A few months ago, I could hold a conversation on the phone with him. Now he has forgotten how to use a phone. Last year he flew on an airplane by himself and came to see me. He stayed in my house, climbed the stairs, walked with me onto the playground at my kid’s school to pick them up one day. We went out to eat, he visited the yoga studio, he asked me about my life. Now he would never be able to travel by himself, and never be able to climb the stairs in my house, and this visit there were no questions about my life, my kids, my work. He seemed happy to see me, but not surprised or curious about my being here after just a month ago visiting.

One day, I showed up in his apartment and he was napping, so I just sat and waited for a bit. When he woke, he looked right at me and asked if mom was here. My mom passed away almost 6 years ago.

“Did you have a dream about mom, dad?”

“What?”

“Did you have a dream about mom? You just asked if she was here.”

“What? No.”

A few minutes later:

“Was mom here?”

His confusion is endearing. He is content to go with the flow when he doesn’t remember something. A few seconds later, and he has even forgotten that he was confused. He laughs frequently.

I went into his bedroom and all his ties were laid out neatly on the bed.

“Why are your ties on the bed, Dad?”

“What?”

“Your ties. They’re all on the bed. Did you want to wear a tie?” He has always hated ties.

“I have no idea.” And he bends over, hands on his knees, laughing, staggers over to the bed and flops down, cracking himself up.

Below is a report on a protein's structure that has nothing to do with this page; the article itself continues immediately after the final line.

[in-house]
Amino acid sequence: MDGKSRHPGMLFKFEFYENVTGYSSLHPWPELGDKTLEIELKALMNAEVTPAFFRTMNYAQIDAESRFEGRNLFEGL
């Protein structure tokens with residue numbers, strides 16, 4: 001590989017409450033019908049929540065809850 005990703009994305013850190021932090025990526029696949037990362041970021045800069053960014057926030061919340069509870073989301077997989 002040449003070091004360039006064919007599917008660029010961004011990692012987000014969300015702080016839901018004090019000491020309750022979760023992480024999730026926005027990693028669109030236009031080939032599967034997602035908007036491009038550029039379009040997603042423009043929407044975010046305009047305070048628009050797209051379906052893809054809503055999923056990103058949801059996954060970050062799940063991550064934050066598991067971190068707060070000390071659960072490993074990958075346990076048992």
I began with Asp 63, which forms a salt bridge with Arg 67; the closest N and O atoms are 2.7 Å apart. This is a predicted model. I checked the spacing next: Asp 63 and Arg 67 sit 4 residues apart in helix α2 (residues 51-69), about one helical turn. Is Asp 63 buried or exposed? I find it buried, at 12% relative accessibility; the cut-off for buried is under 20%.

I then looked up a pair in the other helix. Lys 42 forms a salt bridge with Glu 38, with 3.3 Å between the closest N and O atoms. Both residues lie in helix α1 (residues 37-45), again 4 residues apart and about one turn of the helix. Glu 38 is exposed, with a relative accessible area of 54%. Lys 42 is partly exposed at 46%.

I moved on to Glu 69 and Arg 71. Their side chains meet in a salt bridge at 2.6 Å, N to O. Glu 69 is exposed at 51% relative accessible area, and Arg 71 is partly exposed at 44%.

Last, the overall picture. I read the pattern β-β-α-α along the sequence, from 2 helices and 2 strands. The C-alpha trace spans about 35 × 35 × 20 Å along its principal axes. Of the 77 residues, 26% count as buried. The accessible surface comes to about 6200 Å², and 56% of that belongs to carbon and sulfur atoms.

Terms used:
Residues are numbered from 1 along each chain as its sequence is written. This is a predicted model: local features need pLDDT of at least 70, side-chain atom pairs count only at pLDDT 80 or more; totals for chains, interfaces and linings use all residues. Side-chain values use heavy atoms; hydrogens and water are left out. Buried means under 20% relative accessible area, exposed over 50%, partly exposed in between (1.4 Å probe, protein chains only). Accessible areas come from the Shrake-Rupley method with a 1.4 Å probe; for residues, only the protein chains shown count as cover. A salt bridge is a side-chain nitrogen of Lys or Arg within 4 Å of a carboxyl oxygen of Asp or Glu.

I am grateful to have this time with my father. While he is still aware enough to know me, to have some sense of the world around him. He is changing weekly, daily. He is a real-life reminder for me of impermanence. That all things change. That we are each subject to aging, physical and mental decline. This is the reality of having a human body and a human mind.

There is grief. I know that he is still around, still here in body, but I am grieving the loss of the active, vital, and present father I once had. I am grateful to have this time with him, but I keep thinking about the dad I remember even just a couple of years ago, that was always on the go. This feels like the energetic dad I have always known is shrinking inward. He wants to nap, stare off into space, is fatigued by a simple outing. But he is quite content as he is.

I said goodbye to him on my last afternoon visiting, not sure if he would be here next time I would be able to return, or in what state. I felt the heaviness of grief, the weight of sadness of letting go of my father, at least of the father I have known. Even if he continues on for some time – months or even years (he is quite stubborn), I am having to say goodbye to my dad as I know him. All things change. All things are impermanent.

 “No man ever steps in the same river twice, for it’s not the same river and he’s not the same man.”

― Heraclitus

If I have a prayer these days, it is only that I may find peace with the ever-present flow of change within this river of life.

With love,

Erin

 

PS: We all experience grief in our life. It doesn’t always have to do with losing someone to death. Sometimes we grieve how something or someone has changed, we grieve a relationship ending, we grieve the loss of a dream, an idea, something that we have believed about ourselves.

If you are experiencing grief, big or small, please consider joining teacher Kate Fontana for a 5 week series beginning next week – Journeying with Grief. Read some recent writing from Kate here about the experience of grief and her own journey, or find out more about this series here.